With technology continuing to expand and change, as a society we are finding ourselves more and more dependent on the hand-sized computers we can put in our pockets. These days, smartphones can do everything from create breathtaking photographs to paying for our daily cuppa at the local coffee shop.
As a result, more and more retailers and restaurants are encouraging people to pay for their products and services via a smartphone app. Some retailers are even going cashless. However, what does that really mean?
Unbanked and Underbanked
For many experts it means that retailers are leaving behind a sizable portion of the consumer market. According to a 2017 survey by the Federal Deposit Insurance Corporation (FDIC), the most recent year available, 25% of American households were either unbanked or underbanked, meaning that they don’t have a bank account or have a bank account, but still heavily rely on alternative means for their financial needs. The FDIC states that, “Families who lack access to the financial mainstream may opt to rely on alternative financial services (AFS) providers, such as non-bank check cashers, payday lenders or pawn shops—many of which may lack consumer protections and can be costly for those struggling to make ends meet.”
The FDIC survey also found that communities of color are particularly affected. Among African-American households, 16.9% were unbanked in 2017 and 14% of Latino households did not have a bank account. Additionally, a 2017 survey by Career Builder found that 78% of workers are living paycheck to paycheck.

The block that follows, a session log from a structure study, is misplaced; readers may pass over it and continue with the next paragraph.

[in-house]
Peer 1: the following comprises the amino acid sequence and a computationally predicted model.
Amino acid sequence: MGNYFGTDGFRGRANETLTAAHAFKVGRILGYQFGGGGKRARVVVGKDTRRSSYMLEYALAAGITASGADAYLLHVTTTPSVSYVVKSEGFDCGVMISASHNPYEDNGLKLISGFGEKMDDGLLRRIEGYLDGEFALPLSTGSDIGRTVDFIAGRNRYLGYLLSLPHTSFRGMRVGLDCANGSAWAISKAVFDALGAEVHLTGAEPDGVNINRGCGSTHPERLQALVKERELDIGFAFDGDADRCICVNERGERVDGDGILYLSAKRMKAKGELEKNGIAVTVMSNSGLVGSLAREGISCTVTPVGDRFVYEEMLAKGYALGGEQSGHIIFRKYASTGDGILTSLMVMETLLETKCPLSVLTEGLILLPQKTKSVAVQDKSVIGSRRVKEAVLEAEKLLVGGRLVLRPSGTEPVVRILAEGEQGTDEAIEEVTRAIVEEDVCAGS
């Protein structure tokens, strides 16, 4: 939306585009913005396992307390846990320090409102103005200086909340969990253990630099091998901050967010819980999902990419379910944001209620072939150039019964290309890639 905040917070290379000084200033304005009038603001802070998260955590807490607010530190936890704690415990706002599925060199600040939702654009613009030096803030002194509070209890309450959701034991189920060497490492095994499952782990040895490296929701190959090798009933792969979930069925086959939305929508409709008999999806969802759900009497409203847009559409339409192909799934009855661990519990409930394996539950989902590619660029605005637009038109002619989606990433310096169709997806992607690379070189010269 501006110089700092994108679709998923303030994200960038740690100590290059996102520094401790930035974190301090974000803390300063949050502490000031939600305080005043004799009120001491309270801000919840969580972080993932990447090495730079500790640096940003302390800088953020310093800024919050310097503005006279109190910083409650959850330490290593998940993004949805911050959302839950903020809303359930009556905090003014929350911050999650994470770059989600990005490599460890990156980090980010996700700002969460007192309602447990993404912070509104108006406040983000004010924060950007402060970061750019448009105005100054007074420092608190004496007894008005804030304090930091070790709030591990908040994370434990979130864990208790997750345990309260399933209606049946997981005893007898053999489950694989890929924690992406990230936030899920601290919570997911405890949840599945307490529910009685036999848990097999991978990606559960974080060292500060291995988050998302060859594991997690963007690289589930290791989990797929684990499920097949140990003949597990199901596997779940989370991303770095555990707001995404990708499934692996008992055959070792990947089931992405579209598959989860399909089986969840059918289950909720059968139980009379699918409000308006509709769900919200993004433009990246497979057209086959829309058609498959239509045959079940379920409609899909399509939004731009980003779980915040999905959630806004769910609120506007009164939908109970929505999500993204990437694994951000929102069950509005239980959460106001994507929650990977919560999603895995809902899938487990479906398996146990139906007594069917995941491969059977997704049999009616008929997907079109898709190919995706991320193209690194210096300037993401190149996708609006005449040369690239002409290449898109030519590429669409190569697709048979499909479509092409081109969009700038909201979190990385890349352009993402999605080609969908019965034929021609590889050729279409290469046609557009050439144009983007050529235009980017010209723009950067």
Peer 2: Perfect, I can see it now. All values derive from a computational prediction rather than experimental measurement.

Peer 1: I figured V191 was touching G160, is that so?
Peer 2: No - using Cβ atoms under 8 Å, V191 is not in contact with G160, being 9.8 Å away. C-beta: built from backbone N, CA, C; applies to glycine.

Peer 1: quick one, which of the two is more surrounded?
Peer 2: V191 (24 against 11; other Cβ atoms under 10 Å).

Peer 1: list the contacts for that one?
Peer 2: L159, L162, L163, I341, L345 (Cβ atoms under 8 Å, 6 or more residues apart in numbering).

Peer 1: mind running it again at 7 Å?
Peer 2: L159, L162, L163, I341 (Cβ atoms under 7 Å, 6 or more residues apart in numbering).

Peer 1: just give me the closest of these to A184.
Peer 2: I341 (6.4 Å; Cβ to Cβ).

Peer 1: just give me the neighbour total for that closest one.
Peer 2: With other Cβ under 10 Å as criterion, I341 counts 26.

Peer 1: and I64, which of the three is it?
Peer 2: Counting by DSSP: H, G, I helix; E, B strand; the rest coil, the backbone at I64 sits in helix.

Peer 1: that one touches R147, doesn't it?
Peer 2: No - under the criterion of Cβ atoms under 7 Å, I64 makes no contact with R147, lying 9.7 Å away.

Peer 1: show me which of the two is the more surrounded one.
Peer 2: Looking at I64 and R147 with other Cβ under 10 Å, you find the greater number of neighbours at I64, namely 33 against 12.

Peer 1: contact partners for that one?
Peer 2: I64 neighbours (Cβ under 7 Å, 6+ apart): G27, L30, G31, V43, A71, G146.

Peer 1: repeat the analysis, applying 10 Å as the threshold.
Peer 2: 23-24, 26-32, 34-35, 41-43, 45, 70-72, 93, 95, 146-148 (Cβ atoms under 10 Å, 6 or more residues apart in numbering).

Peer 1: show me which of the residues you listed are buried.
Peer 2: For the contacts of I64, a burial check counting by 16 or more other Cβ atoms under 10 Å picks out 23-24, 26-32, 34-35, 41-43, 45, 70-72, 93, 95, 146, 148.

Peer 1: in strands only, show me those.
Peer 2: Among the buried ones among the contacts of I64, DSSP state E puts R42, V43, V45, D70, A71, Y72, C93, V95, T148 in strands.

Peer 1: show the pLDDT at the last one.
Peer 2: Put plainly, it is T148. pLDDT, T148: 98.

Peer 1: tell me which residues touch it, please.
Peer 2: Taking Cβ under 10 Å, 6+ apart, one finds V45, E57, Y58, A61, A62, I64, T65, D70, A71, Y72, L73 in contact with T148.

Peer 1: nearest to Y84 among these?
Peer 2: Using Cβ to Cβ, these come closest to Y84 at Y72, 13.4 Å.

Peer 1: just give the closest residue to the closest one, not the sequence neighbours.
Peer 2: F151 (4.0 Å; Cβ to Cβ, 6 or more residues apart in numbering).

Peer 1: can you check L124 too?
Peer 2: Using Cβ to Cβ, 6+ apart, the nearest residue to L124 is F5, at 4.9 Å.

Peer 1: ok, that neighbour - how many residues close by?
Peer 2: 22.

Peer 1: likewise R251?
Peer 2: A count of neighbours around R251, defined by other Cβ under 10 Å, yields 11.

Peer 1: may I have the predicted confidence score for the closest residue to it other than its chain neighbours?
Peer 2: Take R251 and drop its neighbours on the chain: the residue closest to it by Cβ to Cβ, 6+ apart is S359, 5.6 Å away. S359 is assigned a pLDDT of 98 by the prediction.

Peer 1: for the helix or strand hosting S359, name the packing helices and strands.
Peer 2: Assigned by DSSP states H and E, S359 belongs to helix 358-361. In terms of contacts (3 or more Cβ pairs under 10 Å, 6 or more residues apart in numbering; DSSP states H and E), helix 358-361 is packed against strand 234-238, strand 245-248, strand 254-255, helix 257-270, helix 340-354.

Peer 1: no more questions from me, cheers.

So, with this kind of rampant income volatility, why are retailers still going cashless? Some retailers feel that going cashless cuts costs associated with cash management and speeds up transaction times. Retailers also cite security as a factor in deciding to go cashless. If their employees no longer have to handle cash, there is less liability and risk for the retailer.
Some retailers, however, are responding to the resounding backlash stating that refusing cash payment is discriminatory. Amazon Go grocery markets and salad restaurant chain Sweetgreen reversed their decisions to go cashless. Sweetgreen wrote in a statement via Medium.com, “Going cashless had… positive results, but it also had the unintended consequence of excluding those who prefer to pay or can only pay with cash.”
Lawmakers are also pushing back. Many cities and states have weighed in on the issue of cashless retail. The cities of Philadelphia, San Francisco, New York, and Washington D.C. and the states of New Jersey and Massachusetts have all either passed laws banning cashless retail or are considering bans against cashless retail.
Another concern of retail consumers is the digital trail left by online or credit card payments. Moving to a strictly cashless economy would also create a digital fingerprint for each and every purchase made by a customer. Not everyone is comfortable with that. If there is a data breach somewhere in the online system, consumers’ purchase history could be out there for the taking. And while that risk may not be extremely high, it’s still a very real risk.
Cash is King
Additionally, cash remains king when it come to payment. A 2018 report from the Diary of Consumer Payment Choice (DCPC) found that “Cash continues to be the most frequently used payment instrument, representing 30 percent of all transactions and 55 percent of transactions under $10.”
The Cost of Credit
To process credit card payments, retailers need pay interchange fees, assessment fees, and processing fees. In turn, the fees go to the card’s issuing bank, the card’s payment network, and the payment processor. With credit card processing fees ranging somewhere between 1-4% per transactions, these fees can really add up. Merchants often find that accepting cash payments cuts down on processing costs.
Meeting Customers’ Needs
For retailers and restaurants to succeed, they need to meet the needs of their customers. Having a variety of payment options, including cash, remains a vital part of top-tier customer service for most businesses. And while each business can and needs to make their own decision when it comes to cashless retail, it’s important to take in all of the pros and cons before taking such a drastic step. While in-app and credit card payments are convenient and perhaps even quicker, cash is still a vital part of our economy.